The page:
I recently watched Buffalo ’66, a film directed and starred in by Vincent Gallo. A film essentially about a lost soul trying to find meaning, the film begins with plenty of wide and aerial shots, to emphasize the main character’s (Billy Brown) alone-ness and smallness. As the film progressed, Gallo incorporated closer and closer shots as we began to find out more and more about the mysterious Billy Brown. In one early scene, Billy uses the pay phone to call his parents. The scene begins with a medium shot, with the camera man following his every fidget and twitch in a very “hand-held” fashion. I feel this shot really highlighted how uncomfortable Billy was talking to his parents (whom he hasn’t talked to in years). As his conversation became heated and more intense, the extreme close up shots were applied. In one shot, the camera only focused on Billy’s eyes darting back and forth as he lies to his mother on the phone.
In one of my favorite scenes in the movie, Billy starts to open up his heart to Layla (Christina Ricci). They are in a motel room, and the camera looks down from the ceiling at them. It is composed very symmetrical, the bed completely centered with two of the same side tables on opposite sides. Billy and Layla lay on the bed about a foot and a half apart, then cuts to them getting closer and kissing, then cuts to them cuddling. What I really liked about this scene is that it didn’t need dialogue to move the story forward, it was all pushed by body language.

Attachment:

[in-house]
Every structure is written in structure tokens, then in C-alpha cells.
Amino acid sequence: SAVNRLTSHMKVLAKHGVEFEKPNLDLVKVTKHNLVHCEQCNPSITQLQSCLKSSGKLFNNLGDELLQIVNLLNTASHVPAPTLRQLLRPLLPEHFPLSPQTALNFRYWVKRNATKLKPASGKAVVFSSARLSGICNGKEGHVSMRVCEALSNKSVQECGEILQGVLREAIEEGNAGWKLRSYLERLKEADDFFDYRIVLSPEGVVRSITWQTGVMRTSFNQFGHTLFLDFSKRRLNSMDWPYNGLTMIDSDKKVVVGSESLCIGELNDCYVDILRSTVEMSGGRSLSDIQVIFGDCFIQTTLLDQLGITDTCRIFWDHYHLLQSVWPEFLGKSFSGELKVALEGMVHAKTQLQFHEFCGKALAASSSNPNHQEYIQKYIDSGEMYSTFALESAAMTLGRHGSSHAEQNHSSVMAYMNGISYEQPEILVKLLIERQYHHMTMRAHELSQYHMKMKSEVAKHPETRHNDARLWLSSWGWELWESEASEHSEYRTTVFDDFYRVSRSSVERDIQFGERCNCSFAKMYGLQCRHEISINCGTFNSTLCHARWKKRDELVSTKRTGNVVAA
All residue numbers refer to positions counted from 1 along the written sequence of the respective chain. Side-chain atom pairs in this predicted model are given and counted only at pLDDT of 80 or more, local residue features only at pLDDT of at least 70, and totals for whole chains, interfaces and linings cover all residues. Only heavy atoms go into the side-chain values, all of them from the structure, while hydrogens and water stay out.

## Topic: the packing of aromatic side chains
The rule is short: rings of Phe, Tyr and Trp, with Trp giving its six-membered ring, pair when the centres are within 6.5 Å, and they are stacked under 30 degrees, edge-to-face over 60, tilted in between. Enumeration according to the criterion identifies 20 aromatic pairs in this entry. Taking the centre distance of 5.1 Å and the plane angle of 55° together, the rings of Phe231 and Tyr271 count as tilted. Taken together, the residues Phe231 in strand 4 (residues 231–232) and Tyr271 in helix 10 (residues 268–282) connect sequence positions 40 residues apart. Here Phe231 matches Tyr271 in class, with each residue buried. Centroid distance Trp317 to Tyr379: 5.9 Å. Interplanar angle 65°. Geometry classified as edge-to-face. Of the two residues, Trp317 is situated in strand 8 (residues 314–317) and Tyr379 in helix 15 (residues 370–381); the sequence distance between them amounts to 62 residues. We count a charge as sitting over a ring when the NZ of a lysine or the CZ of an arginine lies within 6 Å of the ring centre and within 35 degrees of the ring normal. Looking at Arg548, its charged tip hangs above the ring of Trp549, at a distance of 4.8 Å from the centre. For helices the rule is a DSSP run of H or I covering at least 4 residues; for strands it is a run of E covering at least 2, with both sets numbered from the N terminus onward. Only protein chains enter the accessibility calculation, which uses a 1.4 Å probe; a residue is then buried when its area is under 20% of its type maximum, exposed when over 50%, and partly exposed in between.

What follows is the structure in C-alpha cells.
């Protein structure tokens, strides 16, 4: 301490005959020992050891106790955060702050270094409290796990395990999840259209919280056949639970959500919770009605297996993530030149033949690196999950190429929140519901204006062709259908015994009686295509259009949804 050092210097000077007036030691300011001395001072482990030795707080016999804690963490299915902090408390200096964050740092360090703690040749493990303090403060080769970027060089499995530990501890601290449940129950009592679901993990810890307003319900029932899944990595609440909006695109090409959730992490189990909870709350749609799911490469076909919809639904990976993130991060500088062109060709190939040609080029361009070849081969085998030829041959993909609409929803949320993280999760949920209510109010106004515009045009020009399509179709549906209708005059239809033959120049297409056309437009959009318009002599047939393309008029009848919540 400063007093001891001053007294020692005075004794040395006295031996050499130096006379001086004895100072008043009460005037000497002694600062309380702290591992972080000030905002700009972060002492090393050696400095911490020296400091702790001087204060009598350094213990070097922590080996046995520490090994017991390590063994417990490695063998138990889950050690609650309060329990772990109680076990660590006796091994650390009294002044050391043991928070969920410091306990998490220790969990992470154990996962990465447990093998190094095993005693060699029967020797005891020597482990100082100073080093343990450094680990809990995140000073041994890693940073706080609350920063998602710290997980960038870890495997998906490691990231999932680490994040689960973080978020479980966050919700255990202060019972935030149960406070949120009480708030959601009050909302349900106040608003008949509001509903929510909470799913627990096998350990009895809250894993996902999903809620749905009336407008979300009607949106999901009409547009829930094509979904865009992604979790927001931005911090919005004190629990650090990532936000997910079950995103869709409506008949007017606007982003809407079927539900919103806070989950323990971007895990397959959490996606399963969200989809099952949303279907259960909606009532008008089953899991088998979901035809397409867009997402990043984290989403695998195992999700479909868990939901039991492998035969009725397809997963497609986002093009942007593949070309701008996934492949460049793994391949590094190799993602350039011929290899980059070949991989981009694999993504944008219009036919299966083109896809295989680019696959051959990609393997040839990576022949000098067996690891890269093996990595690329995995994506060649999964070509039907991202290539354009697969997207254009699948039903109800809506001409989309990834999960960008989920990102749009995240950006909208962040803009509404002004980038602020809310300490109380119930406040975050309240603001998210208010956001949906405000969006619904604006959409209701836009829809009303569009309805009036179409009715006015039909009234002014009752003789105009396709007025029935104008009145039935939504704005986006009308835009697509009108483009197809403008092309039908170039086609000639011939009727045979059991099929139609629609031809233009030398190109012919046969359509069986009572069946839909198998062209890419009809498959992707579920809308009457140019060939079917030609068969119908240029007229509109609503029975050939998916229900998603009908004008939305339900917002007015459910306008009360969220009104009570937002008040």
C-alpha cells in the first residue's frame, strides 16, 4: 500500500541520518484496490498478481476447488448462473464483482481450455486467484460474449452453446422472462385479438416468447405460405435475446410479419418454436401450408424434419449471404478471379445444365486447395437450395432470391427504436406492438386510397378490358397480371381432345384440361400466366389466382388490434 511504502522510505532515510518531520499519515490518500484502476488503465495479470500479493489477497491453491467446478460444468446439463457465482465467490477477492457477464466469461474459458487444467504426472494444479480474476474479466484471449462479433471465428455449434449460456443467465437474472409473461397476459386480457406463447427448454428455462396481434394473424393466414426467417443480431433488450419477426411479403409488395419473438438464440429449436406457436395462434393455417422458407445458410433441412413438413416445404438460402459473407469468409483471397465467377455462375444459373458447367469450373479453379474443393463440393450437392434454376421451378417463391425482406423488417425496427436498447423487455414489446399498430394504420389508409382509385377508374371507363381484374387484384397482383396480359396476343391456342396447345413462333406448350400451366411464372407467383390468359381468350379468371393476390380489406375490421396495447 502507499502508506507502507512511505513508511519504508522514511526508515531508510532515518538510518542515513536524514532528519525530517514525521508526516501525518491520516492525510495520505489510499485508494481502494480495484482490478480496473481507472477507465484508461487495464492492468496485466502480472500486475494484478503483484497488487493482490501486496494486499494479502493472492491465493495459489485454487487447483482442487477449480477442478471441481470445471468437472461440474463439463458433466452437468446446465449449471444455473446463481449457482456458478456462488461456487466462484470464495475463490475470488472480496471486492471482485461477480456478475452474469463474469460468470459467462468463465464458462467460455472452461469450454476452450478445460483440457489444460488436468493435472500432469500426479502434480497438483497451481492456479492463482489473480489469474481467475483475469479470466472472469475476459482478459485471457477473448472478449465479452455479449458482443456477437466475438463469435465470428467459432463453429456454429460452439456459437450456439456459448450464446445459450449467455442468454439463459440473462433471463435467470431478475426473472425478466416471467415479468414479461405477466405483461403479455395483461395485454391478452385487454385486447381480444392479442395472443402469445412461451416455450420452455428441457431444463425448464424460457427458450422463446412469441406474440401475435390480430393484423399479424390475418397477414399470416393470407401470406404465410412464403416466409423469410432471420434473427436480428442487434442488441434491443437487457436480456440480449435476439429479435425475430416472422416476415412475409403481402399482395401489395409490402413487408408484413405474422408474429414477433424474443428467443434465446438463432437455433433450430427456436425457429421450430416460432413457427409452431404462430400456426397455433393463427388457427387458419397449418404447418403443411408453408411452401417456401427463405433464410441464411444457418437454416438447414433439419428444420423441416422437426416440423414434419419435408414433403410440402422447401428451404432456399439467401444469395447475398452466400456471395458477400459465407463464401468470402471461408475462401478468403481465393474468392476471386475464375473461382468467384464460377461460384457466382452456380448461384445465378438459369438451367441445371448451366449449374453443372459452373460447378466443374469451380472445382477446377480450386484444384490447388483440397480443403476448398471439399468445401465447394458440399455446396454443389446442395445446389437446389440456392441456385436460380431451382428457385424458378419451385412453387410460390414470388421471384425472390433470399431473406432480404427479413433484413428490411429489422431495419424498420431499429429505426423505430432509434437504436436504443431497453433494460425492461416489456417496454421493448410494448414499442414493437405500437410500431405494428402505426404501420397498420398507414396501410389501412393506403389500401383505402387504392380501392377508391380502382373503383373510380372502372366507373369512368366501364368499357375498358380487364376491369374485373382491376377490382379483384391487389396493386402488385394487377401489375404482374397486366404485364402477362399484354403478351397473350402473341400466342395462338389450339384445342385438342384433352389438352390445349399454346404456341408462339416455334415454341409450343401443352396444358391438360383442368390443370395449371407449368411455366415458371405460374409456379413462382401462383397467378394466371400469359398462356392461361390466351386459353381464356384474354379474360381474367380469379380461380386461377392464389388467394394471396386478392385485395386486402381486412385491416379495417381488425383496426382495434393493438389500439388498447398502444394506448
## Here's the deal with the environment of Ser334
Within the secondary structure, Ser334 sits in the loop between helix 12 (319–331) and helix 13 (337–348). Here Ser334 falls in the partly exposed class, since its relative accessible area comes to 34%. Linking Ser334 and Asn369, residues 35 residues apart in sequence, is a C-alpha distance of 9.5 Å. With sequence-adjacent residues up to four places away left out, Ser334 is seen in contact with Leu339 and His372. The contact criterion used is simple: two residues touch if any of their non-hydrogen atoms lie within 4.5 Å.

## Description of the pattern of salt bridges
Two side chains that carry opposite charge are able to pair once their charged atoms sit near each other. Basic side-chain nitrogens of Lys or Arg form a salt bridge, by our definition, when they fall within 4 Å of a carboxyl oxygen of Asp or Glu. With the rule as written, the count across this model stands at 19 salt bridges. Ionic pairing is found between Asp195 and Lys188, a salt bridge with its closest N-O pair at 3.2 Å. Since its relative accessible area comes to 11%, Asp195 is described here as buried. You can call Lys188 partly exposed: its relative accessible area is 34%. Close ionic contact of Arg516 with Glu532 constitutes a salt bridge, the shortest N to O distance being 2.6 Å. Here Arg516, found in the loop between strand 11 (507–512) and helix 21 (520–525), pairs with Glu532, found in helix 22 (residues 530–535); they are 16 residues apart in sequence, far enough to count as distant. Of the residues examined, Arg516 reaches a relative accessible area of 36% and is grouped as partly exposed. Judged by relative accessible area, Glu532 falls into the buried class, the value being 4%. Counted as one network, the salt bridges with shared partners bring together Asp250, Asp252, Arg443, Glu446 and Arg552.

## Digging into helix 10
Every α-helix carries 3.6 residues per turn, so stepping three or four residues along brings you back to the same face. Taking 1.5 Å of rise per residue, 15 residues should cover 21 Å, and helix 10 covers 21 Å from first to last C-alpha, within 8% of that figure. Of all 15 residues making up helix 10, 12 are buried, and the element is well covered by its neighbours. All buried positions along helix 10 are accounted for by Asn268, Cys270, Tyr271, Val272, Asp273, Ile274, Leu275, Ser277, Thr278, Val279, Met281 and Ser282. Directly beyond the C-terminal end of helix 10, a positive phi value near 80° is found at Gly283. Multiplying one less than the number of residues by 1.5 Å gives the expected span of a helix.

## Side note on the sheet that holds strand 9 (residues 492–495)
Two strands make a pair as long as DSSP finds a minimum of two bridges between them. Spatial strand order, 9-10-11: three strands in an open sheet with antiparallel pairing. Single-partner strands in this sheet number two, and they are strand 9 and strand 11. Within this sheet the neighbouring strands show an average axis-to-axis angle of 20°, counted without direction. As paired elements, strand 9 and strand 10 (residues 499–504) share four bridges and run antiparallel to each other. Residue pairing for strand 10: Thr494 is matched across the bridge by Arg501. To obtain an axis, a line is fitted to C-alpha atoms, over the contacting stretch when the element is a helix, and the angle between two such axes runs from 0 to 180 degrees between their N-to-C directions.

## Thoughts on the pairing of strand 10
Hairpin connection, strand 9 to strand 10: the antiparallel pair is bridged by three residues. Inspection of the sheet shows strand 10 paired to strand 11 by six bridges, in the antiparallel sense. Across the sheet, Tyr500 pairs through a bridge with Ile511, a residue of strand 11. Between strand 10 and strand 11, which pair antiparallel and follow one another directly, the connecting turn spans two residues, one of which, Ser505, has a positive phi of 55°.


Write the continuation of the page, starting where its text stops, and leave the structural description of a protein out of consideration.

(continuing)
The style was consistent throughout the whole movie, with well-framed, Norman Rockwell-esque compositions. I love Vincent Gallo’s work.